Last week we received information about the expectation for ferrous scrap price negotiations between the domestic mills and their scrap suppliers for the month of December. Over the weekend one of our east coast scrap sources provided us more details as to what they expect this week as negotiations begin in earnest:
I am not absolutely certain what the upcoming trading week has in store. Shred in the mid-Atlantic is in short supply and there is some demand for it from the local mills. With all the export scrap sold recently, the exporters seem to be preoccupied filling their own needs, will pull the scrap they need from local dealers and likely not offer any to the local mills. So we could see shred up $25-$30 from November levels in the east. In the OH Valley, I don’t expect anything less than sideways for obsolete grades and more likely we will see trading in the $180-$190 range there as well, which is slightly up. Consensus is that prime supply will keep those grades sideways for the most part, but mills looking for shred may find it easier to just buy busheling because they can’t find enough shredded, even though their melt shops may not be very happy with that decision.
I anticipate that over the longer term (i.e., over the next month or two), obsolete grades will stay tight, while busheling supply recedes a bit in part due to the seasonal slowdown and some shredders shredding busheling if its price dips much below shredded for a prolonged period of time. I don’t expect any real price spikes in the coming months, though that does not mean we won’t get some price increase over the next 60 days.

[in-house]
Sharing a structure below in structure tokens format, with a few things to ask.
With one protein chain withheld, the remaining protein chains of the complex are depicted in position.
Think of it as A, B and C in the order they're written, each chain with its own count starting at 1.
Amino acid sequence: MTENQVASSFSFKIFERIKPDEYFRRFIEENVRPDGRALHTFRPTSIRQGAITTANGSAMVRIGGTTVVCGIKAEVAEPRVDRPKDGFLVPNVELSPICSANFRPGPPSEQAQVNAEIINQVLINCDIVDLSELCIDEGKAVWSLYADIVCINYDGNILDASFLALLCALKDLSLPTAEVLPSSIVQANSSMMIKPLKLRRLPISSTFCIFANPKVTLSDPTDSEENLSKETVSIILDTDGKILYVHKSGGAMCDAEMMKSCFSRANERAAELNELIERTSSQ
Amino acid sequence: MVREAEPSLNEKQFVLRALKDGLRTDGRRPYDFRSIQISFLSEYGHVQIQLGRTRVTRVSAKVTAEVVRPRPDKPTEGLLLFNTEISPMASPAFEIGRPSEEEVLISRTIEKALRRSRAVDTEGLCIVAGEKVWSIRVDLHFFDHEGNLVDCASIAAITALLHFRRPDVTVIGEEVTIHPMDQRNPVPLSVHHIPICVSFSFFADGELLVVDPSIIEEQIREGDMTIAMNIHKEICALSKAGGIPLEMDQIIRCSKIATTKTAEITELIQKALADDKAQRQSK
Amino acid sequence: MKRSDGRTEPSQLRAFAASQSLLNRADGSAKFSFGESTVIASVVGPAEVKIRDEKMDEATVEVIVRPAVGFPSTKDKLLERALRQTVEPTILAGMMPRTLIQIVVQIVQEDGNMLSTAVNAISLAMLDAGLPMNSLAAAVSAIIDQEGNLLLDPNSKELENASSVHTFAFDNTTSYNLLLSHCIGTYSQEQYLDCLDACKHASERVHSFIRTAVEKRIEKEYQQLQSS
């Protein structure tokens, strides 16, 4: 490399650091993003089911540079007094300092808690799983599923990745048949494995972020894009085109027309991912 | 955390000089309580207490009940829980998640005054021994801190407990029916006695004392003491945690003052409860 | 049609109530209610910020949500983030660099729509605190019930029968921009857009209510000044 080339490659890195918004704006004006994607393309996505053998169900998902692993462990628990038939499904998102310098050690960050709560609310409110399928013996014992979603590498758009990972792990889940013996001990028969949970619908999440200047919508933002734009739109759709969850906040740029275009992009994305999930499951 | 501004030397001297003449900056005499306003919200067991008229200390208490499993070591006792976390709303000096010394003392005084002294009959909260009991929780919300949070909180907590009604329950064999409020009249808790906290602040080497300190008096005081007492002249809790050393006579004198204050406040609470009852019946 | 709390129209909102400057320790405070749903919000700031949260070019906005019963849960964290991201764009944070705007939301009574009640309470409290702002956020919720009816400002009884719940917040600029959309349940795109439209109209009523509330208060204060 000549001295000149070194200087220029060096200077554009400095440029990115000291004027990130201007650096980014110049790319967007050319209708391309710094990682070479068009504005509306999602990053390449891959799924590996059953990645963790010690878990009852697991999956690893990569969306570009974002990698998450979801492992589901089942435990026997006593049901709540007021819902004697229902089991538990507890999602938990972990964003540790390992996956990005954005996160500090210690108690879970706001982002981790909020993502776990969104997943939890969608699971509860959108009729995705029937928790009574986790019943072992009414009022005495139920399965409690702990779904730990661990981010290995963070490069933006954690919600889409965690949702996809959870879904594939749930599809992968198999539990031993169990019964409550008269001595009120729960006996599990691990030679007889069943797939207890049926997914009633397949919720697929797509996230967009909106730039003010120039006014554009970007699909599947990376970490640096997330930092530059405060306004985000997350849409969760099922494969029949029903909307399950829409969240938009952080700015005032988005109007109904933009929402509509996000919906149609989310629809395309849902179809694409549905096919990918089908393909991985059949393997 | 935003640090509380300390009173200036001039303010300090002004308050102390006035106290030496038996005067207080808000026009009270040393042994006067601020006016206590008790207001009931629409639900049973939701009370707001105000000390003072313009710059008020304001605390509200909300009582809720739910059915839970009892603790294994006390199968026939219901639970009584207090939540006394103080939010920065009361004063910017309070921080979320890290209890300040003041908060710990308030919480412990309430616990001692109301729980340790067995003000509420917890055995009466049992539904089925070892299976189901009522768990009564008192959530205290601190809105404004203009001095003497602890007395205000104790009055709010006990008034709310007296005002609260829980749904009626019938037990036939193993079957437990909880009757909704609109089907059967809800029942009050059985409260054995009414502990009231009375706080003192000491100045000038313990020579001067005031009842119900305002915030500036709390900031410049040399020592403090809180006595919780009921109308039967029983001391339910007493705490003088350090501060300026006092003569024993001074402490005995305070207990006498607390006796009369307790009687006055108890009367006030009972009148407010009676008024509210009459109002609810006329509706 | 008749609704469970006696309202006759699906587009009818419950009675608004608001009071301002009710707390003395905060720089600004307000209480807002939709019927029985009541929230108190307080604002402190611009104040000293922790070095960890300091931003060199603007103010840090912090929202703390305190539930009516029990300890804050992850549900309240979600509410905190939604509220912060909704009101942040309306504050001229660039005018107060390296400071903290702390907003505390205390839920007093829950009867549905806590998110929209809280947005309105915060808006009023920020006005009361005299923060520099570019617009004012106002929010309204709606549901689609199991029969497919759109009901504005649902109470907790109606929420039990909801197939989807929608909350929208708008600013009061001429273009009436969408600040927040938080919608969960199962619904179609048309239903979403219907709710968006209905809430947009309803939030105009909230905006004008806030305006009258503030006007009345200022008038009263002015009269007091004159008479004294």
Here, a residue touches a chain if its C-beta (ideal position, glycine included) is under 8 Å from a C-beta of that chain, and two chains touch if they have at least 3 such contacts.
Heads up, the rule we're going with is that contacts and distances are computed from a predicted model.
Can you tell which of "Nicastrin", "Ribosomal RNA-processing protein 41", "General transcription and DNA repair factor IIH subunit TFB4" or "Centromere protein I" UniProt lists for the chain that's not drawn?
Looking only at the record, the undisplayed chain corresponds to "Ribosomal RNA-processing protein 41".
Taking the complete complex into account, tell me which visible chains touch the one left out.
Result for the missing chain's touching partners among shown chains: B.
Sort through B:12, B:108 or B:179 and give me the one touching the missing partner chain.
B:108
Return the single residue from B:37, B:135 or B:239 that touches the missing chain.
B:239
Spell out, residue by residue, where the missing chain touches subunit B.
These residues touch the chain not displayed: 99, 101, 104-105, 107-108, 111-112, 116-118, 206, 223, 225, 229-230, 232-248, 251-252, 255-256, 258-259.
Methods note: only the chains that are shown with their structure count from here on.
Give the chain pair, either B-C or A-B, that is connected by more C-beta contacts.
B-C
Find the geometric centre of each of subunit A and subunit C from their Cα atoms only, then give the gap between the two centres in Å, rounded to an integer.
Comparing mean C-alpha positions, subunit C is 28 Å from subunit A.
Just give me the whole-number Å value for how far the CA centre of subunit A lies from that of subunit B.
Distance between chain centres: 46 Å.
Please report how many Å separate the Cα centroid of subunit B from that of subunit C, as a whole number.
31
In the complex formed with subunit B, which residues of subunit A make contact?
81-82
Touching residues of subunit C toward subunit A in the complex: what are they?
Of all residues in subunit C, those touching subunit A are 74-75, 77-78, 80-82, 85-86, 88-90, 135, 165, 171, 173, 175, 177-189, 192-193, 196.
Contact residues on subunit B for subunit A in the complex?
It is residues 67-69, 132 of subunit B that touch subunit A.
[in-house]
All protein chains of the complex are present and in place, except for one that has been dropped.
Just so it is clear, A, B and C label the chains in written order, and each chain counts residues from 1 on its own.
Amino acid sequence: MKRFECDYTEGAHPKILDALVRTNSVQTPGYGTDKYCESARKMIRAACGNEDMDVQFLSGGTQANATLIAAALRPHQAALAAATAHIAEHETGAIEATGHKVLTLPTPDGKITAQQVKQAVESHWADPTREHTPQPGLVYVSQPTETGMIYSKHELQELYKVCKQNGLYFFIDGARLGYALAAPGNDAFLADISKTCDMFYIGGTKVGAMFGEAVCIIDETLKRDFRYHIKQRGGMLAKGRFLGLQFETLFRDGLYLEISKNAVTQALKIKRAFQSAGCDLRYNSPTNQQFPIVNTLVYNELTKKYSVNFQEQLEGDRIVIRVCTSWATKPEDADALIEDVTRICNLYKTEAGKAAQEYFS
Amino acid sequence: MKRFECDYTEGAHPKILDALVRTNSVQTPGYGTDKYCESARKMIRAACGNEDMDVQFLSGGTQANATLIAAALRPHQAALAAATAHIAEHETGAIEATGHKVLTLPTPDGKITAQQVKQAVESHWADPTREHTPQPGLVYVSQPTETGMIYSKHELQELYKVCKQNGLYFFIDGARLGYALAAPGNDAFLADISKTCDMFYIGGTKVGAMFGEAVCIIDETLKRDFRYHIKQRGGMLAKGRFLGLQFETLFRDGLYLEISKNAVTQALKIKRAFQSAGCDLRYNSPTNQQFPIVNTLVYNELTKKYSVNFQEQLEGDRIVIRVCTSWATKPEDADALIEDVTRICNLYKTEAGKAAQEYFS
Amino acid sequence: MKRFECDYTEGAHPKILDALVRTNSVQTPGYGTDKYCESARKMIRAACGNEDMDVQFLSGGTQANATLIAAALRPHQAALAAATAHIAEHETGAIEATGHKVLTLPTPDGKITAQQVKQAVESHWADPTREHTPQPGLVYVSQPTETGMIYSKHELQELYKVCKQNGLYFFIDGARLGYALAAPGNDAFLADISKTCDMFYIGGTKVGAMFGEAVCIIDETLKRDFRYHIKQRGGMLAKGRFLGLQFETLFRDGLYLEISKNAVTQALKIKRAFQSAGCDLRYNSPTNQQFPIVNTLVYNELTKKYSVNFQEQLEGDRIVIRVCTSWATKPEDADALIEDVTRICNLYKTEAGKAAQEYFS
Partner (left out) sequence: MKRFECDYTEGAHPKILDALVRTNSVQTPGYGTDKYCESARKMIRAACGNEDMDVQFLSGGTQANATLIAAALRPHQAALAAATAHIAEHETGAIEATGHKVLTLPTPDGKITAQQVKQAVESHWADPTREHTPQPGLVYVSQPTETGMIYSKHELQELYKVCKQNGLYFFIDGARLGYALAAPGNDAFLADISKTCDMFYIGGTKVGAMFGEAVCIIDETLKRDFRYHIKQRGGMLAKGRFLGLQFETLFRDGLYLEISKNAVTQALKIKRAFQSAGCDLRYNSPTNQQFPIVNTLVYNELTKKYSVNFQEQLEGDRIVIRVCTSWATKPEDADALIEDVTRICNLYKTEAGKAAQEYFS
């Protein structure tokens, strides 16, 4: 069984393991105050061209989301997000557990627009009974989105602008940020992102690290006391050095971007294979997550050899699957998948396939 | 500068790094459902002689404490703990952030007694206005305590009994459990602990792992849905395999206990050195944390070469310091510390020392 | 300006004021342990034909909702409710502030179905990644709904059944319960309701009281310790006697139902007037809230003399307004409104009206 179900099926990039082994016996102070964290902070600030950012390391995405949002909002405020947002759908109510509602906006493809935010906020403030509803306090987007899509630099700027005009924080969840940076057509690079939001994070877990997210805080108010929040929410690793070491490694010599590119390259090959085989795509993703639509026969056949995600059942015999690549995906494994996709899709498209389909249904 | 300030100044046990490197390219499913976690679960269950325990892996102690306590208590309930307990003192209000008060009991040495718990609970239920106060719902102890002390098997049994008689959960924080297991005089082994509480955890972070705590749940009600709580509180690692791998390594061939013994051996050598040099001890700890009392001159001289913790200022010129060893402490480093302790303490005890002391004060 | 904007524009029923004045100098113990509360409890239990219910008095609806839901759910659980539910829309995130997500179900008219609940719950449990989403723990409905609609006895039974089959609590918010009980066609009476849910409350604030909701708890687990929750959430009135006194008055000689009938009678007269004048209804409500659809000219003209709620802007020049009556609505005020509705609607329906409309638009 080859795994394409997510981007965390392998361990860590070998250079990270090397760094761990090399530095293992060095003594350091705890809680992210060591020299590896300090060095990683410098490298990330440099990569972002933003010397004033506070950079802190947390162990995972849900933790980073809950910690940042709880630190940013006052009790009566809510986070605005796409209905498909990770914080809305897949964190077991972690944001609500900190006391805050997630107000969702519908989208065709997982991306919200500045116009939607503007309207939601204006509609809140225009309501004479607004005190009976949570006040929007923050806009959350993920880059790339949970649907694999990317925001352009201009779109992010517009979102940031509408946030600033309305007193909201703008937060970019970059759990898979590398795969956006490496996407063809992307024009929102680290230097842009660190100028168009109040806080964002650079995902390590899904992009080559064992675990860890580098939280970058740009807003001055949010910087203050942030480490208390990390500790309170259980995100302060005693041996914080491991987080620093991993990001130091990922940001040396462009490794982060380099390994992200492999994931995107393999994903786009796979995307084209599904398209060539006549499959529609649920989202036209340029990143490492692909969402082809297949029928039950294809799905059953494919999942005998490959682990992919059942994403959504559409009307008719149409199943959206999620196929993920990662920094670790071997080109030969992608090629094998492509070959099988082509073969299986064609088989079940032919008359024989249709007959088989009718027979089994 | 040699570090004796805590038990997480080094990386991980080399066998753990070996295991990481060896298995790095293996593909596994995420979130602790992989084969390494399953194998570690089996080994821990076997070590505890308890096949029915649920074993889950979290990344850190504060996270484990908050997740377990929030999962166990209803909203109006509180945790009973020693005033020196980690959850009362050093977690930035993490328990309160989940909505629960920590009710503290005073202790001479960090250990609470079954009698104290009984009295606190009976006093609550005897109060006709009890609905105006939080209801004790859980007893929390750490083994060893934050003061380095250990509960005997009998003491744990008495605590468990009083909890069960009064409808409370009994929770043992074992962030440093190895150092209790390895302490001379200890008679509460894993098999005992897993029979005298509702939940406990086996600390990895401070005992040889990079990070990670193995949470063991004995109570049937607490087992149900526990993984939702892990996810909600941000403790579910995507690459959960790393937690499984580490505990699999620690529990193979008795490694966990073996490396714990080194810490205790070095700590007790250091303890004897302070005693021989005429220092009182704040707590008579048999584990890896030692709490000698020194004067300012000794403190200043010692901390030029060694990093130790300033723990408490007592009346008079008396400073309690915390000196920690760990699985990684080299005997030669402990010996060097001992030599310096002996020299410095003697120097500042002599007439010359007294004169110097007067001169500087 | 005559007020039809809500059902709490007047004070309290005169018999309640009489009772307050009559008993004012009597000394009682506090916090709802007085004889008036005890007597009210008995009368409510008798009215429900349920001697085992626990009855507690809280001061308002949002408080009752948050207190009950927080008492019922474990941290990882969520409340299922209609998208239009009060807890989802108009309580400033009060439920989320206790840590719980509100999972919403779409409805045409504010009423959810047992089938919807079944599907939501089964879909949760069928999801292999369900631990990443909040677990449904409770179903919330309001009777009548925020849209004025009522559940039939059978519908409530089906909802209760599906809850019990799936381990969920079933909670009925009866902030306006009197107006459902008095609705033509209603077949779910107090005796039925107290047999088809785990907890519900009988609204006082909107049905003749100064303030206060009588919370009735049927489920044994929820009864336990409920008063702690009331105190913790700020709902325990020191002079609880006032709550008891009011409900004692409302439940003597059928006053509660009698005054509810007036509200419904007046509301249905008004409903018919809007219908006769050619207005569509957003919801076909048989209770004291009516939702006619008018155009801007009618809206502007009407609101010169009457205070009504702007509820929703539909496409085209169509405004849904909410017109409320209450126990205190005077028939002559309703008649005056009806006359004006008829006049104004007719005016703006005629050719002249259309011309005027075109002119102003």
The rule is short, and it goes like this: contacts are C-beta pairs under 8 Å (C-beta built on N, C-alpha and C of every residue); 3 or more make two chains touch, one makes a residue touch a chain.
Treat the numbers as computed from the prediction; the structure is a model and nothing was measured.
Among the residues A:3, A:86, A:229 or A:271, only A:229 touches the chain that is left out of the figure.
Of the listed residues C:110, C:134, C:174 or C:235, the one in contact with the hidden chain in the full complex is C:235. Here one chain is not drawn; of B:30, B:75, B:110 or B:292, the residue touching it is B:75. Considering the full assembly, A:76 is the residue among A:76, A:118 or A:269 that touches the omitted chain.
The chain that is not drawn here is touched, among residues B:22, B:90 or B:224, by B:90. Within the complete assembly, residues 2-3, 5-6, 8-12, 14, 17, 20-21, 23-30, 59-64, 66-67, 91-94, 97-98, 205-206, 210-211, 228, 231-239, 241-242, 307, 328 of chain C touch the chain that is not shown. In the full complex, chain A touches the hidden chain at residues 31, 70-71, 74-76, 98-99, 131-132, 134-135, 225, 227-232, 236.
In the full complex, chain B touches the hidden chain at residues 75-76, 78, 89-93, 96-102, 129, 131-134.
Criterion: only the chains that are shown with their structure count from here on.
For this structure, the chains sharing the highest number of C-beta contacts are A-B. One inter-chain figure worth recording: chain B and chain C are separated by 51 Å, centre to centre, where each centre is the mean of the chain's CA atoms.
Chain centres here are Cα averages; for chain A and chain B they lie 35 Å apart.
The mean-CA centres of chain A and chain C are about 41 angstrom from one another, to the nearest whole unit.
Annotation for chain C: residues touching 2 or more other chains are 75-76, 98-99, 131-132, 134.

Margins will continue to face pressure because of the reduced volumes at scrap yards. Iron ore looks like it actually may work its way into the $30s though who knows how real that is longer term. That will likely pressure scrap further. But I also don’t think we push much below prices we have gotten to this fall, at least until next spring assuming the operating rate stays around where it is now. Melt shops all over the country need shredded scrap for its density and chemistry combination, and its supply elasticity being so dependent on price is going to prevent it from going much lower than we got late this year. We have seen busheling trade below shred recently. It’s not the first time over the last few years that has happened. But at some point it pays to shred the busheling instead of selling it as a busheling product.
All in all, no real good news on the horizon. I would take some stability and a chance to get used to the new volume levels for now.
John PackardRead more from John Packard
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